Our most devoted reader pointed out that this post was a bit challenging. What is it about? To help clarify, JHJ ventured out into the internet and found … that the thing that inspired it, the administration responsible for environmental services in Helsinki (the spur for the post) is all changing. What for decades was just an office responsible for the city’s streets and parks and paid for by taxes, has now been reorganised and rebranded. As of the beginning of this year it’s part of STARA [STAdin RAkentamispalvelu]. Finnish and Swedish speakers are likely to cringe at this use of old-fashined Helsinki slang, but then again you could say it’s a cute use of a cute adoption/adaptation of the English word ‘star’. Anyway, the changes give us a good excuse to post on the topic of place-branding in a later post. THIS one, really is about the idea of the environment in a city.
Here’s an image that nicely illustrates an idea that we here at JHJ just can’t get our heads around. This truck – looks like it’s used for street sweeping – is labelled “environmental production” and carries Helsinki’s municipal logo. The environment is produced? By city government? (But then again, to one born when the internet was just another piece of clunky military technology, Kekkonen was a king and Ronald Reagan an actor, the idea of environmental production by anyone is a bit of a challenge.)
It used to be that the environment just was. It was nature – our surroundings, our foundations, the primal stuff that set the conditions for all the other stuff.
Well, then came climate change, we guess, making the idea that anything was stable and beyond human manipulation seem rather old-fashioned.
This year, we are told by trusty informants via the internet (another human-made environment) that Helsinki is enjoying a truly wonderful real winter with proper freezes and white snow. So much better than the dark grey that depresses eveveryone in snowless Helsinki winters, the kind small kids had already got used to.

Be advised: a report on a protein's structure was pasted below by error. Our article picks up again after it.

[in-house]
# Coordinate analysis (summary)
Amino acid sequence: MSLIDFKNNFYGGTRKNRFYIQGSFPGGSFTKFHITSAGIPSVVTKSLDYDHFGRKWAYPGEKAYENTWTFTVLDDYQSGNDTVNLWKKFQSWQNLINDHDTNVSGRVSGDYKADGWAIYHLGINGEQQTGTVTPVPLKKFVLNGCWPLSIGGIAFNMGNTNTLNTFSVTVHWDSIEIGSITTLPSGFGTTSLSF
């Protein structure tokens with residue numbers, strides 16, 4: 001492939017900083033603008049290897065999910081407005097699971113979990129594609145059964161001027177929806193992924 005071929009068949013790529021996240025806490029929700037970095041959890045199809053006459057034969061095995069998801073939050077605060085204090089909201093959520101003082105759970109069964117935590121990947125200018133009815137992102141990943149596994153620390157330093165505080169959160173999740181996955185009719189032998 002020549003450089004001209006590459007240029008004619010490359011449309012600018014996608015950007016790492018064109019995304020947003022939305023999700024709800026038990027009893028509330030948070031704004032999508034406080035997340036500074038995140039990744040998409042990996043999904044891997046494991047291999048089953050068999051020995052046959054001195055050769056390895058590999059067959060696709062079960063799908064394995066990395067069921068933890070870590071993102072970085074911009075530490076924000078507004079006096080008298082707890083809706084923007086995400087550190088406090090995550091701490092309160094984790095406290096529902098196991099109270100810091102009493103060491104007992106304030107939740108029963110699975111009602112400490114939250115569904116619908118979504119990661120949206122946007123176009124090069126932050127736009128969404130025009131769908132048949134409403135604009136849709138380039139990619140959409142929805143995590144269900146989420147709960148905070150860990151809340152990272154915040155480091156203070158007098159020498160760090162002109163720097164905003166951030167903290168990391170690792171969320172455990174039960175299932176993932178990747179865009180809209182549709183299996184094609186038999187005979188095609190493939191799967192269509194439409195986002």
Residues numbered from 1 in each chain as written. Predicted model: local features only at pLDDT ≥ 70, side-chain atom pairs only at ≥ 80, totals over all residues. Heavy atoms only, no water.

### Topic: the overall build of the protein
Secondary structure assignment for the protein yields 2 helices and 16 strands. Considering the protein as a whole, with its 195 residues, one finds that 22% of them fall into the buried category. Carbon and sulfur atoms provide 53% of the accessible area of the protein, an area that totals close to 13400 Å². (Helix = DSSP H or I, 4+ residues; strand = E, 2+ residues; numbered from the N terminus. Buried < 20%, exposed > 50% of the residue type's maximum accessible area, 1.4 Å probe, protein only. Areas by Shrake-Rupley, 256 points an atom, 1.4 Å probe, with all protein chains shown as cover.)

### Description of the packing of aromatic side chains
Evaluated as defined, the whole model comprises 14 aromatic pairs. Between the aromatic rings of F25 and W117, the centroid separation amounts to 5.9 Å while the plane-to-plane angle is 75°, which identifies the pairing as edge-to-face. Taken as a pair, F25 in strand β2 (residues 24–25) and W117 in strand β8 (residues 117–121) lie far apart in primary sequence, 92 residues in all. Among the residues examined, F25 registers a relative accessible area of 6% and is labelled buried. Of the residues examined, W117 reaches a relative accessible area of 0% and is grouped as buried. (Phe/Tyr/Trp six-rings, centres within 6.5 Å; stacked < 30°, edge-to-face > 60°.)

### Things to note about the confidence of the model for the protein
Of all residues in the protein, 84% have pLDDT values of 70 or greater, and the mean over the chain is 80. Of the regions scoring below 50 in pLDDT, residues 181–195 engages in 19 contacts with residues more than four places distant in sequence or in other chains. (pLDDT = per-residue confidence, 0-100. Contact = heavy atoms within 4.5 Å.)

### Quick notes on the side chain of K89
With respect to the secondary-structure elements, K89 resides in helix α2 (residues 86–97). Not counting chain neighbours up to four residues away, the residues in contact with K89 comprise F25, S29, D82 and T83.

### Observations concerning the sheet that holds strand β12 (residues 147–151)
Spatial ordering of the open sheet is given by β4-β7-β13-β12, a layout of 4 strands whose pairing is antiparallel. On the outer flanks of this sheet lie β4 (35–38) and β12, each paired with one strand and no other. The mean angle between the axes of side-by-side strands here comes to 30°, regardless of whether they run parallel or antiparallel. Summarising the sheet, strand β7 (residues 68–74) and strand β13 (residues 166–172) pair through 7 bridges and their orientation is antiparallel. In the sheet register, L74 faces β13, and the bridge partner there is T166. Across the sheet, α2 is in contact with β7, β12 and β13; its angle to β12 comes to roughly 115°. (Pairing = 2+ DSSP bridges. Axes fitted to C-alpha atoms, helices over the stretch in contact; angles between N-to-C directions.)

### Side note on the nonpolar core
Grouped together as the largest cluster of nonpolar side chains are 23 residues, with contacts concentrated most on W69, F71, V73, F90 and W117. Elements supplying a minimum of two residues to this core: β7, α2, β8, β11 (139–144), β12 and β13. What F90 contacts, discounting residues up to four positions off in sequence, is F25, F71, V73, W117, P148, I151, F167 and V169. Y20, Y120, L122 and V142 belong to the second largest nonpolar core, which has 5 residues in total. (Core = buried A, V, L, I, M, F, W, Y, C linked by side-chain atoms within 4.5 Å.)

What makes those dark days bearable for some is the thought of spring to come. (And spring in Finland is a pretty flexible term – seems anything in that interminable stretch from Christmas to the summer holidays in June can qualify).
For us at JHJ what makes a bad winter bearable and a good winter potentially thrilling is the environment. And yes, it includes buildings, most certainly it does.
Which is saying something for generations of Finnish planners, architects and speculative builders. In the early 20th century when the place was engulfed in a frenzy of creative destruction (see Signe Brander, again), nobody had a blueprint of what the city as a whole would look like, but together these built environment experts produced a rather fine and special place, a human town with a mix of old and new, of ordinary and weird, built for the people who would live there.
Can they keep it up?
Trying to find answers there, I think sometimes about the Georgian parts of London (and the early Victorian that pretty much copies its ancestor e.g. around Eaton Square, below). Speculative the lot – no real master plan here, though much co-ordinating, engineering and profiteering, of course. The best of it now selling for astronomical sums but also an enjoyable urban environment for those of us who can’t afford to live in them.
But hey, what use is a historical example anyway, and a foreign one at that.